Vallarta scavenger hunt: Baby Octopus with Duck Sausage in Tomato Sauce

Vallarta Bounty I recently started volunteering at the Van Nuys courthouse as a mediator.  Van Nuys is the next suburb over from where I was born and grew up, in the San Fernando Valley.  My first experience with the Van Nuys courthouse was in high school when I and five of my friends very nearly got expelled after being caught for ditching our  internship there.  I haven’t always been an angel.

On my way home from court the other day I spotted a Vallarta market and I cannot resist an ethnic market.  I stopped in for some carne asada and came out with bags of dried chili peppers, tamarindo, guavas, jamaica, piloncillo, spices, saladitos (an old favorite), cheap dried beans, and a surprise find: baby octopus (previously frozen but that’s the way you’ll usually find it).  And unlike shopping at my love it/hate it Whole Foods, this octopus set me back a whopping $4.99.

Baby octopus I’ve been pseudo obsessed with octopus since falling all over myself after ordering it twice at different small plate restaurants: first at the Basque focused eatery called Racion, which has quickly become my new favorite Pasadena restaurant; and second at the much hyped (but well-deserved) Voltaggio haunt ink.  Unlike your typical chewy octopus sushi, the octopus I had at these restaurants were tender, juicy, and really really tasty.

Inspired more by the flavors of the dish I had at Racion, and the duck sausage from Harmony Farms that I needed to use up in my fridge, this is what I came up with: baby octopus with duck sausage in a tomato wine sauce, served over fregola sarda (toasted) pasta with a side of sauteed broccoli rabe.  And if I can brag for a quick sec, this was one of the best pasta type dishes I’ve ever concocted.

Next time you spot octopus at your local Vallarta, don’t be afraid of it.  The dish I prepared was no more trouble than making a decent tomato sauce.  And cooking and eating octopus for dinner really makes you feel daring and exotic, if just for an hour. baby octopus with duck sausage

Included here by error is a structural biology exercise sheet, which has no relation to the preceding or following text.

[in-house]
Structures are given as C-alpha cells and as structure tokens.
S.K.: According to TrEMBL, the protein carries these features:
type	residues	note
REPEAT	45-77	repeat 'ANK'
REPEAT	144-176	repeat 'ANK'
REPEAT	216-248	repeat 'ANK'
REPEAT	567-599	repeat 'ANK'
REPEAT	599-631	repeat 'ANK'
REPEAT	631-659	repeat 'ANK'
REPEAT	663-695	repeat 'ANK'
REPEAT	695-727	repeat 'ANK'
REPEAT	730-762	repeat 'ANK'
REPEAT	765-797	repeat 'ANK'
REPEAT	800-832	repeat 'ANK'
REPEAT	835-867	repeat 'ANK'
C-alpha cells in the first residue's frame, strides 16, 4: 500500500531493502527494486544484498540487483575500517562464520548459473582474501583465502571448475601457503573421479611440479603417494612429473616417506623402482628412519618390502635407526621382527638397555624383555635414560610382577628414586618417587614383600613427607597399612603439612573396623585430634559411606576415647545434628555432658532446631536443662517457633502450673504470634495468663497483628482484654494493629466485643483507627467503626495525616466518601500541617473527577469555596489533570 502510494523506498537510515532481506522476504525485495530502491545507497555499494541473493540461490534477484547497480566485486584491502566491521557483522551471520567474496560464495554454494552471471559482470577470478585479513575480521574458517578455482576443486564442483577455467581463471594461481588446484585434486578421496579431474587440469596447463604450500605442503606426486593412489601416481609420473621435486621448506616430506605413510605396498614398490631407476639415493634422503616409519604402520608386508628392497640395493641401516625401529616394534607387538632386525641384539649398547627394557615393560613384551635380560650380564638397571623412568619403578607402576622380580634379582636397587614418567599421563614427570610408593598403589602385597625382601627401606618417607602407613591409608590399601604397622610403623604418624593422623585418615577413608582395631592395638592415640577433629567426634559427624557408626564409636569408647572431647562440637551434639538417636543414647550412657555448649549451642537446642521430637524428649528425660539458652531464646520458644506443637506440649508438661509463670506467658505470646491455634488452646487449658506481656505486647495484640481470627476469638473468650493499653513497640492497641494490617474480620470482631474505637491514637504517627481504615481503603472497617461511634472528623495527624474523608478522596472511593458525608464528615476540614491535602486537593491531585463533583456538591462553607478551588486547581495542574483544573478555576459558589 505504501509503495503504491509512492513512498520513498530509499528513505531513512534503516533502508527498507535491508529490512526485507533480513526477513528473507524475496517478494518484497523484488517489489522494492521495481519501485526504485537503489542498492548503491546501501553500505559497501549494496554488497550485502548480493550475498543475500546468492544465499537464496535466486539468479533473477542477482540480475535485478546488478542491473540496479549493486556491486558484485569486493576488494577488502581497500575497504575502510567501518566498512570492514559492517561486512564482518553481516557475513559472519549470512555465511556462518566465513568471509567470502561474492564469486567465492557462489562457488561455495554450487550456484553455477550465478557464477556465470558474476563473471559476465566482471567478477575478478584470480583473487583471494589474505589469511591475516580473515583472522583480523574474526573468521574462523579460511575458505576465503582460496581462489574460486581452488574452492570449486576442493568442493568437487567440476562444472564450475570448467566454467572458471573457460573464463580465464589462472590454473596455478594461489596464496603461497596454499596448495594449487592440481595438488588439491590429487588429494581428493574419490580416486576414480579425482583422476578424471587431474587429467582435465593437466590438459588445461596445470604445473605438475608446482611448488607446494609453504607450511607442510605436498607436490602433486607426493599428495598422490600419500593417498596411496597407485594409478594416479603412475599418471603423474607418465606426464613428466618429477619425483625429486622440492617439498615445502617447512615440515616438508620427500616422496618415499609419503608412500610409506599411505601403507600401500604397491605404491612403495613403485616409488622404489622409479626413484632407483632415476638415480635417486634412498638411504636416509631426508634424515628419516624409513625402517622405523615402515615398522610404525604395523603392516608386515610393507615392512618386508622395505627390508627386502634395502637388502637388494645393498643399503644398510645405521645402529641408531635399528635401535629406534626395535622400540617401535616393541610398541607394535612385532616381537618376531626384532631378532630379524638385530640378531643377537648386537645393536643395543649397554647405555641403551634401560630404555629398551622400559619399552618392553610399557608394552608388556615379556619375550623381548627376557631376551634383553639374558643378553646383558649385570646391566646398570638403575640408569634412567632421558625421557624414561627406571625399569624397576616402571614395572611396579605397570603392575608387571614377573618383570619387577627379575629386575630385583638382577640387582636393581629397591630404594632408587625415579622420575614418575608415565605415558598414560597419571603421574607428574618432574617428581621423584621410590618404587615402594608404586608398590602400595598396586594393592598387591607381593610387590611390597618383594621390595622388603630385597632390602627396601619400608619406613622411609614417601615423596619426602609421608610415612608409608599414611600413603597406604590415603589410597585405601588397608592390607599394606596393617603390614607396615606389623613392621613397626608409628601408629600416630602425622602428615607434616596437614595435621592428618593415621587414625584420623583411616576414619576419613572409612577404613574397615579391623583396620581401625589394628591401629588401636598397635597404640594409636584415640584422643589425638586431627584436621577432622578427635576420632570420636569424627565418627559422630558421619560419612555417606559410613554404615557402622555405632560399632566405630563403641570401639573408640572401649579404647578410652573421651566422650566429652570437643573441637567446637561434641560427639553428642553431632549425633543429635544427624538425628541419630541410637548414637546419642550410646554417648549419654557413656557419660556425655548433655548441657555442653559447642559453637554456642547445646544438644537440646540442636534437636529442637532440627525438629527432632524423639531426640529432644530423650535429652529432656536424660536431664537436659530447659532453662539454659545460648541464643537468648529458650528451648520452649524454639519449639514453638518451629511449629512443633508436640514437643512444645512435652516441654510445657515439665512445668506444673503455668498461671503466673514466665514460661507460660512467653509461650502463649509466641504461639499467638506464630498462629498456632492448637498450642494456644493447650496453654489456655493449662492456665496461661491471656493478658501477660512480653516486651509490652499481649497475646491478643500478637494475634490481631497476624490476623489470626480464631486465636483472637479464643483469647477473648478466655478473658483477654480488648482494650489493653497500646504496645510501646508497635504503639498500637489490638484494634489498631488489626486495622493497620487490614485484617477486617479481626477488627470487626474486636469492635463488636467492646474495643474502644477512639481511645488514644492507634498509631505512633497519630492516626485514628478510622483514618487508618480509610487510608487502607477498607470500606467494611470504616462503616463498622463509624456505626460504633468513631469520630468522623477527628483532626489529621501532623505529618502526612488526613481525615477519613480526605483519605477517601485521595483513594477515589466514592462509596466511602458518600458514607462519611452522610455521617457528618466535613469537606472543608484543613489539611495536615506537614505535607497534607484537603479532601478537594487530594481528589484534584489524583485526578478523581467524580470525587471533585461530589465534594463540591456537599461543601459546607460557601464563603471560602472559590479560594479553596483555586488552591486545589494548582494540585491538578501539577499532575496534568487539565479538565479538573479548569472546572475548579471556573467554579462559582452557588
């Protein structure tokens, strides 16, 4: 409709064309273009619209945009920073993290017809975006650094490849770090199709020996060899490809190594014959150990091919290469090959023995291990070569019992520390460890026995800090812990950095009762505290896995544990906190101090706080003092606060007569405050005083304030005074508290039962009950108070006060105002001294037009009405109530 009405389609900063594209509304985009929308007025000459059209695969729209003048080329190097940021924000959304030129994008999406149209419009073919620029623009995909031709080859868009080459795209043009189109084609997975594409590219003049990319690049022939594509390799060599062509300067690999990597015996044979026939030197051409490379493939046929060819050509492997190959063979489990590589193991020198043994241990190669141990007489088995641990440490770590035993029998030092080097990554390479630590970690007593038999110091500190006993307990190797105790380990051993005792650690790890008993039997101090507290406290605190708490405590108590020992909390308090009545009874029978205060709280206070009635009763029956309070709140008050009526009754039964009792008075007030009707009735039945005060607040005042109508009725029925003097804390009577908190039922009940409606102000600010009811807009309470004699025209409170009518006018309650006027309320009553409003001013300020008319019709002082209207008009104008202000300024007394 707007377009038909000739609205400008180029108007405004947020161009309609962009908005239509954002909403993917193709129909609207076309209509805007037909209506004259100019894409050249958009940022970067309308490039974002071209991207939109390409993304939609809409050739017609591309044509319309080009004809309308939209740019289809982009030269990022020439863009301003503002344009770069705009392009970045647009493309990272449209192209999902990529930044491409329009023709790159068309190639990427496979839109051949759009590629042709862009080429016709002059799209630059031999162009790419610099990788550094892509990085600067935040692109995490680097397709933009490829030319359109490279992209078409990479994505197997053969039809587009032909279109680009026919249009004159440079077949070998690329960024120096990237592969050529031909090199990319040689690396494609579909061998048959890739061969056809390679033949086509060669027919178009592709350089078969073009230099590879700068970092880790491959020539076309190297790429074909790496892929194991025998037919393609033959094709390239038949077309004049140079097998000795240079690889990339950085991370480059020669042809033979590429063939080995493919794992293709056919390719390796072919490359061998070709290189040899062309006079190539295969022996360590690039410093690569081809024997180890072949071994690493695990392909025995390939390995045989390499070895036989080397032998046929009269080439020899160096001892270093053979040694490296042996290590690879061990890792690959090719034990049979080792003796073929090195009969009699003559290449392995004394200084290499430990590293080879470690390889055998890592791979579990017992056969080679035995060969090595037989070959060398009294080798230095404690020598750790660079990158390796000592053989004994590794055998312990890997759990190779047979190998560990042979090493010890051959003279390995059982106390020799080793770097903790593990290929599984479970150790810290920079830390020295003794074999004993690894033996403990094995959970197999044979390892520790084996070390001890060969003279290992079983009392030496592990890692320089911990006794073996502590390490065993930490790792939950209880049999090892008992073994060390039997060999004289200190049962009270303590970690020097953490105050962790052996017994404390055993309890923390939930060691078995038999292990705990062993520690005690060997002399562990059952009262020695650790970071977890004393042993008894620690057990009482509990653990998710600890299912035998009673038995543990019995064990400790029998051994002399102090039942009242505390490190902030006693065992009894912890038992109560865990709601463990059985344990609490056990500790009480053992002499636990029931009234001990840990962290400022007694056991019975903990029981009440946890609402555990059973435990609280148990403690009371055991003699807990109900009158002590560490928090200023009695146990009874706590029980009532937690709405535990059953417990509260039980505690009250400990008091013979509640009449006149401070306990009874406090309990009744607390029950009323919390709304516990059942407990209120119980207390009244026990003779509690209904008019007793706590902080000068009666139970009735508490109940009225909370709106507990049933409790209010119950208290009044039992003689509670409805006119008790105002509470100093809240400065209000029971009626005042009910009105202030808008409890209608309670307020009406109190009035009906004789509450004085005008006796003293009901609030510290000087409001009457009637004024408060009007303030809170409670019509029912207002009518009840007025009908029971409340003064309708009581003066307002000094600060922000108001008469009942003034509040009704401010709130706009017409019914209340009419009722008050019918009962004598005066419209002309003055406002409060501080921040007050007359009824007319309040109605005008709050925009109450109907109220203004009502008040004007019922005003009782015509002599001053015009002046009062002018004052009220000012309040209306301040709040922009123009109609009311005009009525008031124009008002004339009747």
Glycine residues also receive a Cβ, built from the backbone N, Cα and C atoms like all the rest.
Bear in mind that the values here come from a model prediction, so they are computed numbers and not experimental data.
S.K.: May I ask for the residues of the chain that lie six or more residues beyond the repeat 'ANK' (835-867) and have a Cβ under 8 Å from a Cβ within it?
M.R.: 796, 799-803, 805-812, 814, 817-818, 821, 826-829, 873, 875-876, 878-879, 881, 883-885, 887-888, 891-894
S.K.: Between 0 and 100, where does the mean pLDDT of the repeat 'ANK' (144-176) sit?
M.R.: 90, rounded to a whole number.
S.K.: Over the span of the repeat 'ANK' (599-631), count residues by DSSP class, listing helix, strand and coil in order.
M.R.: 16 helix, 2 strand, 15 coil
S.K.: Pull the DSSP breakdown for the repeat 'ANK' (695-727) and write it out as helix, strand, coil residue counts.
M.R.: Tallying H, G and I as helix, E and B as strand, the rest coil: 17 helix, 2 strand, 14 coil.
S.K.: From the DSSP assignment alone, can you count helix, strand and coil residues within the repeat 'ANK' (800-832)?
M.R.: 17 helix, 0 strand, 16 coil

Braised baby octopus with duck sausage in tomato sauce

Serves 2
Prep time 15 minutes
Cook time 2 hours
Total time 2 hours, 15 minutes
Meal type Main Dish


  • 1lb baby octopus (Large octopus also works but you may need to cook longer)
  • 4 cloves garlic
  • 14oz can italian crushed or diced tomatoes (San Marzano preferred or another high quality canned tomato, fresh works too if in season)
  • 1 cup white wine
  • 2 tablespoons honey
  • 1/4 cup italian parsley (chopped)
  • 2 teaspoons oregano (fresh, or 1-2 tsp dried)


  • 1/2lb duck sausage (or any narrow diameter hard salami)
  • 2 tablespoons capers
  • 1/2 teaspoon chili flakes
  • 1 handful canned black olives
  • parmesan cheese (fresh, grated)


Inspired by and adapted from this recipe, which originates from Puglia in Southern Italy.  I added the black olives and sausage to give it a little more Italian flair and flavor.  Sausage will add some saltiness to your sauce, so go light on the salt and adjust as needed after the sauce reduces and comes together.


Bring a large pot of salted water to a rolling boil. Toss in the octopus, return to boil. Boil 2 minutes to remove impurites. Then remove from water and plunge in ice bath. Discard water. If heads are still attached, at this point you can cut them off and discard them, or you can clean everything out inside and use the heads, discarding the inner bits. Chop into large chunks.
Octopus (1 of 1)-2
2. Heat dutch oven or medium pot and add olive oil to coat. Saute octopus for 2-3 minutes. Add garlic and saute for 2-3 minutes more, don't let garlic burn.
3. Deglaze with wine and bring to simmer, reduce wine until 2/3 evaporated. Add tomatoes, chili flakes, honey, and a teaspoon of salt.
4. Bring to simmer and add oregano. Slice sausage thinly on the bias (diagonal) and add to pot.
5. Cover pot and simmer for 30 minutes. Add capers, olives, and most of your parsley (saving a little for garnish).
6. Taste octopus to see if tender (smaller baby octopus might be tender at this point). If still chewy, cover pot again and keep simmering until tender, up to 45 minutes, checking for tenderness every 10 minutes.
When tender, remove lid and let sauce reduce and thicken if necessary. Check seasoning and add more salt and pepper if desired. Serve over Fregola Sarda pasta or any other desired pasta. Garnish with remaining parsley and grated parmesan if desired.
Octopus (4 of 4)

Speak Your Mind